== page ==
It’s a timeless clash: The tug-of-war between aesthetics and cold hard cash. And the urban Indian landscape has long been its battlefield. Now, as cities grow faster and taller, using superior material and technology, projecting modernity and progress, the conflict is only intensifying. But the winner is apparent when you look beyond the multitude of cranes and towers of concrete and glass: Design is clearly losing its tussle with profit.
The majority of developers ignore traditional elements of Indian architecture that have been adapted to suit local needs.
Fenestrations (openings in walls), thickness of walls and courtyards all contribute to improving ventilation. But these are missing from the contemporary urban sprawls that are indifferently executed. Ugly buildings with environmentally unfriendly glass facades dominate the cityscape. This trend has even permeated to smaller towns.
This is in stark contrast to international patterns in which urban design and planning is moving towards sustainable environments with long-lasting structures. Such buildings are part of a larger vision where new approaches focus on developing cities that offer ease of commute, green lungs and other amenities geared towards improving the quality of life.
Not surprisingly, the intelligent Indian buyer is slowly realising that living in a penthouse in a luxury tower may not always guarantee that life. For instance, a millionaire IT entrepreneur says he decided against buying a penthouse in a 100-storey building coming up in south Mumbai because it would take him an hour to get in and out of the cramped roads leading up to it.
“Most developers will only try to make money,” points out Kamal Malik, founder of design house Malik Architecture, who feels that in such a profit-driven market, there is no possibility for innovation in architecture. Born and raised in Shimla in Himachal Pradesh, Malik draws deeply from nature. His buildings are typically around 30 percent more expensive than those built by others but he is unapologetic: He claims they are more sustainable and of better quality. Malik is the architect for Adhiraj Developers’ 50-acre middle-income housing complex at Khargar in Navi Mumbai, where the buildings are being designed such that every five floors are linked to create a minor eco-system or ‘neighbourhood in the sky’. There will be gardens and open spaces—aspects that Malik hopes will help strike a balance between concrete and nature.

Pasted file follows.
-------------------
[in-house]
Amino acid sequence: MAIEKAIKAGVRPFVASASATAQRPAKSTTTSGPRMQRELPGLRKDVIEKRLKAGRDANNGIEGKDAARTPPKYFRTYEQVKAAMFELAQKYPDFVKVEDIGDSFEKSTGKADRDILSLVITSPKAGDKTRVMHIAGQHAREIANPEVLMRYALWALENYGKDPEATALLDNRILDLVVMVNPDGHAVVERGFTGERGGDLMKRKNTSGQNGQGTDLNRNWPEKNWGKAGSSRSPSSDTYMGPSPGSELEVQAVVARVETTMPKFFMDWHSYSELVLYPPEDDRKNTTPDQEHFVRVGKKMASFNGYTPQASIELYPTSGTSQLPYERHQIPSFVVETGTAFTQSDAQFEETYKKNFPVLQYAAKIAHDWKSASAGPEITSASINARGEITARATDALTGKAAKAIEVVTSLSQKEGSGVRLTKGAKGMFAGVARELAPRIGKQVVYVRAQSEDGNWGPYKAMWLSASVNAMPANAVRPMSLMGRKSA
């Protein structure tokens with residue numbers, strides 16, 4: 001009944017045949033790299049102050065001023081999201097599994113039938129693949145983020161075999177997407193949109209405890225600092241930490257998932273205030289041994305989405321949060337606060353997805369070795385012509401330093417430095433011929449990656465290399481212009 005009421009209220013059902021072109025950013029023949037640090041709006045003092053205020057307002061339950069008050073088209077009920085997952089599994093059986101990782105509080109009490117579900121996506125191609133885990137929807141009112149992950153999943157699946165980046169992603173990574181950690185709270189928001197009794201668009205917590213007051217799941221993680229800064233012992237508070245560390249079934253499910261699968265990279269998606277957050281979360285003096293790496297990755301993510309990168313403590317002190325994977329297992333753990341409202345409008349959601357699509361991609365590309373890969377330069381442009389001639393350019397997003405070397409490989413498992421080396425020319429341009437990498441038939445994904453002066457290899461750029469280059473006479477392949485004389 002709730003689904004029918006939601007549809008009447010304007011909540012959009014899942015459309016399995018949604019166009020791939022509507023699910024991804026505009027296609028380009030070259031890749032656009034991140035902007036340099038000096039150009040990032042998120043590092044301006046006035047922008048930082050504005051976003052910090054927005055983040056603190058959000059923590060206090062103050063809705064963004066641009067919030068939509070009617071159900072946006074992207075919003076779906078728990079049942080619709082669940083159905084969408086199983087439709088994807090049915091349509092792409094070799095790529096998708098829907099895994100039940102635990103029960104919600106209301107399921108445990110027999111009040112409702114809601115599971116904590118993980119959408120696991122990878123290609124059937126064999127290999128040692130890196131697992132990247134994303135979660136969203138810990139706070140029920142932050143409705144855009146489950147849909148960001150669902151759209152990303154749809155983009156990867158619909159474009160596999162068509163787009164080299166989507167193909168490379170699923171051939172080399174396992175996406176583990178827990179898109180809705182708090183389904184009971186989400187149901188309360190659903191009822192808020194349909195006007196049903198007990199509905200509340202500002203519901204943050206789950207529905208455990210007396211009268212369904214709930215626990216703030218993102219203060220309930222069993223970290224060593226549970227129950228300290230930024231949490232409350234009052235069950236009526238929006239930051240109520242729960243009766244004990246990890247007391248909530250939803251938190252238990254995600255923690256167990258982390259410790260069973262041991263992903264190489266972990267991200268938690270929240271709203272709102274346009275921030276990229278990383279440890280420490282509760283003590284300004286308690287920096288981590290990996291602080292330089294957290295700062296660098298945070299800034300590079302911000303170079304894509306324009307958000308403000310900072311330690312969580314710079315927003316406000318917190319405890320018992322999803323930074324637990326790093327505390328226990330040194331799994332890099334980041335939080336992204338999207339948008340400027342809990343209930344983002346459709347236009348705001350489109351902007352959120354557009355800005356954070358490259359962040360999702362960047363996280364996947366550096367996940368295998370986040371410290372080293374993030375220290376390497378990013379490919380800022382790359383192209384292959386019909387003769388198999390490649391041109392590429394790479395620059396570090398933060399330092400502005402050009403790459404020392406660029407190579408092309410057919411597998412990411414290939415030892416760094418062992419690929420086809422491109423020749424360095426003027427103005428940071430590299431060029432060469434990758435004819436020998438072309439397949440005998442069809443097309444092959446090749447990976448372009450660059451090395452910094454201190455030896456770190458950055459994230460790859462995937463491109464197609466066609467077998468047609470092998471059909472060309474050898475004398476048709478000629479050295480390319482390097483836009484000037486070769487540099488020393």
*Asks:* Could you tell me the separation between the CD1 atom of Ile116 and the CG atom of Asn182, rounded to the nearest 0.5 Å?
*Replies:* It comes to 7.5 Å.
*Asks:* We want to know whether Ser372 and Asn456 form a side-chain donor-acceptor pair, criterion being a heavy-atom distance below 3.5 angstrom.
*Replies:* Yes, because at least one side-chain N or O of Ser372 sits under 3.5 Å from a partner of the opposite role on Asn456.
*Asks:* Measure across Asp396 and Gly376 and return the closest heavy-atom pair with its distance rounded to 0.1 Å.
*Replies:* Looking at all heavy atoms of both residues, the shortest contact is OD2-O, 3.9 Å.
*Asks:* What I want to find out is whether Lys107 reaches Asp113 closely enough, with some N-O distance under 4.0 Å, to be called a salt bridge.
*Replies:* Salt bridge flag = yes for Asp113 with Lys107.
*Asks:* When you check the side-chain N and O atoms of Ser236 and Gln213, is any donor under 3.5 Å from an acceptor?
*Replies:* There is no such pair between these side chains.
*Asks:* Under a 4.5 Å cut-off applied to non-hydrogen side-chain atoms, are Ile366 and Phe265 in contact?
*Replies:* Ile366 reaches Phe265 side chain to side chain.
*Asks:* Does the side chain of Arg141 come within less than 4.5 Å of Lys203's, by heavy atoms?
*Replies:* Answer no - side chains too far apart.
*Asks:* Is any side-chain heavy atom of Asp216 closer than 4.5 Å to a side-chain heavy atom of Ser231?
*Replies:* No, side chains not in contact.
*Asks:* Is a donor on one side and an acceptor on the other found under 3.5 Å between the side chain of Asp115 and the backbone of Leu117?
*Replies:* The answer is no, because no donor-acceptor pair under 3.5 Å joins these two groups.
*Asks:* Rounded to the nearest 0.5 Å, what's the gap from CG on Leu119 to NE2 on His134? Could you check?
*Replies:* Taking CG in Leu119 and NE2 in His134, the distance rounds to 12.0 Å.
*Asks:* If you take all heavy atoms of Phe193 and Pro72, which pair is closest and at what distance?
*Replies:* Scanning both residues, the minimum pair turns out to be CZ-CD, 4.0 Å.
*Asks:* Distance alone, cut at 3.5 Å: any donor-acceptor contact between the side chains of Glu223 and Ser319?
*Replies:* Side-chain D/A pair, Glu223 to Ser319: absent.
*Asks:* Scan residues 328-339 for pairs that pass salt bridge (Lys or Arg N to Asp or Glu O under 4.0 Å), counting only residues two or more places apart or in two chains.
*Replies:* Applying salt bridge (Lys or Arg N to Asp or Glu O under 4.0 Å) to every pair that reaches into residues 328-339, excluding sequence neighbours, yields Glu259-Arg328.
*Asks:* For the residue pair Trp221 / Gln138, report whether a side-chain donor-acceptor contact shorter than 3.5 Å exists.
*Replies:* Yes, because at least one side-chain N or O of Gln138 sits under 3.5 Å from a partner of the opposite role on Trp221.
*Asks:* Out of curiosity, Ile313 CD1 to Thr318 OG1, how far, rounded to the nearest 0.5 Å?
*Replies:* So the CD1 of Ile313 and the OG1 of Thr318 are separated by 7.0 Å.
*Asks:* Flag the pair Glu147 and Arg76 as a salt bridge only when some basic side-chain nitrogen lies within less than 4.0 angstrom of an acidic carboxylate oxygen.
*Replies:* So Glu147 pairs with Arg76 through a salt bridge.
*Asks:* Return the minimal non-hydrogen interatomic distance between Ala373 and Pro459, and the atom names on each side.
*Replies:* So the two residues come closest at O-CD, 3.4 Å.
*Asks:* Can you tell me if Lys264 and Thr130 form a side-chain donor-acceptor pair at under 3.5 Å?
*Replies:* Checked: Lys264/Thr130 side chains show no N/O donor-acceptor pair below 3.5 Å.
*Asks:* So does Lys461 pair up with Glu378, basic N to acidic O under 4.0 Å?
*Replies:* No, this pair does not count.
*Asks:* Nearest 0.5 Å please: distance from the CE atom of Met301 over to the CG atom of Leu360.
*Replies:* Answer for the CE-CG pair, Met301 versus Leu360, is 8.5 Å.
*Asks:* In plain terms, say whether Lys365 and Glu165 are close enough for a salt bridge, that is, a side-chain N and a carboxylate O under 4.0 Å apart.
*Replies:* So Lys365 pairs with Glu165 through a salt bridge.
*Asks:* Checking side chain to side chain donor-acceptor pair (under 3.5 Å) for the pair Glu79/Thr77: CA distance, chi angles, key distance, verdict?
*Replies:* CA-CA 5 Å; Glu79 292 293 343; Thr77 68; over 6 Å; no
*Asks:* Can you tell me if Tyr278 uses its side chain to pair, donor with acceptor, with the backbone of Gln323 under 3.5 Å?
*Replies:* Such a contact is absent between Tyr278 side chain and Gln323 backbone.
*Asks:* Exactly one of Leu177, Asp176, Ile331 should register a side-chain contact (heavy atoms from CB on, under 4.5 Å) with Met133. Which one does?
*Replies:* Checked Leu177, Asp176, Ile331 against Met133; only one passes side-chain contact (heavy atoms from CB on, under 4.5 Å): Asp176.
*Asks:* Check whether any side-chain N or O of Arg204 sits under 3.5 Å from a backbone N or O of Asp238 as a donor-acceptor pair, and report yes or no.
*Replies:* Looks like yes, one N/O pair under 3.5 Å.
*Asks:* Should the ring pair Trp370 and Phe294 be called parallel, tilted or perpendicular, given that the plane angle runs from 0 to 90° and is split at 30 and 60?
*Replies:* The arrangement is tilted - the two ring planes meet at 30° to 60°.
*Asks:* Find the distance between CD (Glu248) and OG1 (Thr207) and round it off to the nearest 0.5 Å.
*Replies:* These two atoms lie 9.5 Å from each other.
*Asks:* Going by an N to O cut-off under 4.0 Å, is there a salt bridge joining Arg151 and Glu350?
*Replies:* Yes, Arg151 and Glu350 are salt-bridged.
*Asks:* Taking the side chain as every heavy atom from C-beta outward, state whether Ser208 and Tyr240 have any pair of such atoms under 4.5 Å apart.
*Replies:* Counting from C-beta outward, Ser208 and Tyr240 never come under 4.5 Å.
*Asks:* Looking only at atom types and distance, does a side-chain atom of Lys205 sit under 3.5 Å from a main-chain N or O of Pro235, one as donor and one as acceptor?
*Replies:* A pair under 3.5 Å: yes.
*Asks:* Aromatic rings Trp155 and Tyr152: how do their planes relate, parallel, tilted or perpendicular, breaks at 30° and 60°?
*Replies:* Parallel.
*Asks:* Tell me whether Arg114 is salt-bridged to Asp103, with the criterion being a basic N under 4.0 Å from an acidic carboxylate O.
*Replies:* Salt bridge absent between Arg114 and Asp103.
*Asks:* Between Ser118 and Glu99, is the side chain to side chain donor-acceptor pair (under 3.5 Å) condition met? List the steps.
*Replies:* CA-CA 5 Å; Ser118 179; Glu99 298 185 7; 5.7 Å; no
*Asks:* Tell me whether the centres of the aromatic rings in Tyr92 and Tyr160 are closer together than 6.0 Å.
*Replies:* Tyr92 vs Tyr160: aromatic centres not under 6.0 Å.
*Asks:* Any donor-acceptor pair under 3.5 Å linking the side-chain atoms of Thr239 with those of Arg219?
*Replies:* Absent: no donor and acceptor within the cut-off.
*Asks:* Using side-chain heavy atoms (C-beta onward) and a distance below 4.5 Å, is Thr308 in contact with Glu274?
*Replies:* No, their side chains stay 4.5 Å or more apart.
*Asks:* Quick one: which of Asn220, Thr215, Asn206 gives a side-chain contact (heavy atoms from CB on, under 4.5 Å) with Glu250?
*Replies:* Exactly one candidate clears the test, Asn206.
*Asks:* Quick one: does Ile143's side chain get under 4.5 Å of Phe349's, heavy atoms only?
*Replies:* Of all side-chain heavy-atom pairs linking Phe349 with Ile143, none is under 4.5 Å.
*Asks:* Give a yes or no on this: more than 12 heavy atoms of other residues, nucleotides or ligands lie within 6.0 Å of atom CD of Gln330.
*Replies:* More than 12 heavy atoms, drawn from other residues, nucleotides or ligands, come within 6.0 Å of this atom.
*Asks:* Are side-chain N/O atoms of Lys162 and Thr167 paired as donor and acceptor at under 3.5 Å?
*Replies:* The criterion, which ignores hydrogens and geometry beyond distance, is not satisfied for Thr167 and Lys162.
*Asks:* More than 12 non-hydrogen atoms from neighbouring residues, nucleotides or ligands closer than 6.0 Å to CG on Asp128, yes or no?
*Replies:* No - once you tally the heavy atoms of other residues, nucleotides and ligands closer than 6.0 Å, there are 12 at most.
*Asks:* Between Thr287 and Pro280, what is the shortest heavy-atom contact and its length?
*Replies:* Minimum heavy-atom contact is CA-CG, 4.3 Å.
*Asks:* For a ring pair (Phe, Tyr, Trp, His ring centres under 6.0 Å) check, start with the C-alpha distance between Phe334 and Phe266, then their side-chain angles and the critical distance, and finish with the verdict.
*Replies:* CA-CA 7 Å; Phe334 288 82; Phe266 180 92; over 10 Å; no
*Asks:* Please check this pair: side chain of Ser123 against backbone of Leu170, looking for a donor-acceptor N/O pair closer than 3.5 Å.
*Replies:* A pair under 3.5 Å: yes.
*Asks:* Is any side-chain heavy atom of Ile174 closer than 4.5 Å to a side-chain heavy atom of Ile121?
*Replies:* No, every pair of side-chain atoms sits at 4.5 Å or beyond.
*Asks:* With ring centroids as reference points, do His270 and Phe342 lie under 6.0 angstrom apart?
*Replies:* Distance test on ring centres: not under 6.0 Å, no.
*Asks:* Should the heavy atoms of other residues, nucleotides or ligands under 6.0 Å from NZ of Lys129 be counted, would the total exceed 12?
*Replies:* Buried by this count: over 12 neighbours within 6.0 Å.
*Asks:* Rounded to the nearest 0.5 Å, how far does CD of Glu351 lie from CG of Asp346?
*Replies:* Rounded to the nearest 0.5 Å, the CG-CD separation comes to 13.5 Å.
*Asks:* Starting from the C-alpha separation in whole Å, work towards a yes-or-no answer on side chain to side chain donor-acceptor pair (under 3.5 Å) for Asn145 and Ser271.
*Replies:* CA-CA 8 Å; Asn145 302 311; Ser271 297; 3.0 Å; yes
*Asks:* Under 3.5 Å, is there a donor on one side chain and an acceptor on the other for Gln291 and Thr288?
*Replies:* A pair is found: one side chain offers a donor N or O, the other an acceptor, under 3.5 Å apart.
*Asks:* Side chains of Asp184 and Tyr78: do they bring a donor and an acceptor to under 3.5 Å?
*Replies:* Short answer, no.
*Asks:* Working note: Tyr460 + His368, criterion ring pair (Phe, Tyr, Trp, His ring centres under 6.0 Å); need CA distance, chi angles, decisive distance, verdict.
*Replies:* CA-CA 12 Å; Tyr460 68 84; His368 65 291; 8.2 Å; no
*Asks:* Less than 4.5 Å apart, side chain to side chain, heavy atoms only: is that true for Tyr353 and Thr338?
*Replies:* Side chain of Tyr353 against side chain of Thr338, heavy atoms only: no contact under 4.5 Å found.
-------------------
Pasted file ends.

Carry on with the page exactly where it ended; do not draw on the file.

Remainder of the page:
In cities such as Mumbai, where space is at a premium, real estate prices are rising in direct proportion to the height of new buildings, and developers are utilising every available inch. “Everyone in Mumbai is always short of one room. The chap with the two-bedroom house and the rich man with five bedrooms—all of us always want that one extra room,” says veteran real estate consultant Pranay Vakil. It’s this thirst for space that’s driving contemporary design sensibility. Architect Anubhav Gupta, executive vice-president and head of design strategy at Godrej Properties, says design is now officially a brand pillar for his company. “Our approach is design led,” he says. That said, it’s common for the firm’s designers to don business hats for a better understanding of project costs. They also have a say in whether to seal a property deal or not.
The Godrej family are protectors of Mumbai’s largest stretch of undisturbed mangroves and have always believed in sustainability, says Gupta who has studied urban planning and has a PhD in real estate finance from the University of Cambridge, UK. Their buildings are designed to be eco-friendly and conserve water, he says. Flat owners at Godrej Properties’ projects are given a sustainability manual along with their house keys. The manual shows residents ways to maximise resources.
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(This story appears in the 16 May, 2014 issue of Forbes India. To visit our Archives, click here.)
Great article. Highlights the short-cuts the current set of developers are taking to increase their profits. We need more corporates like Godrej and TATAs to jump into the real estate development sector.on May 14, 2014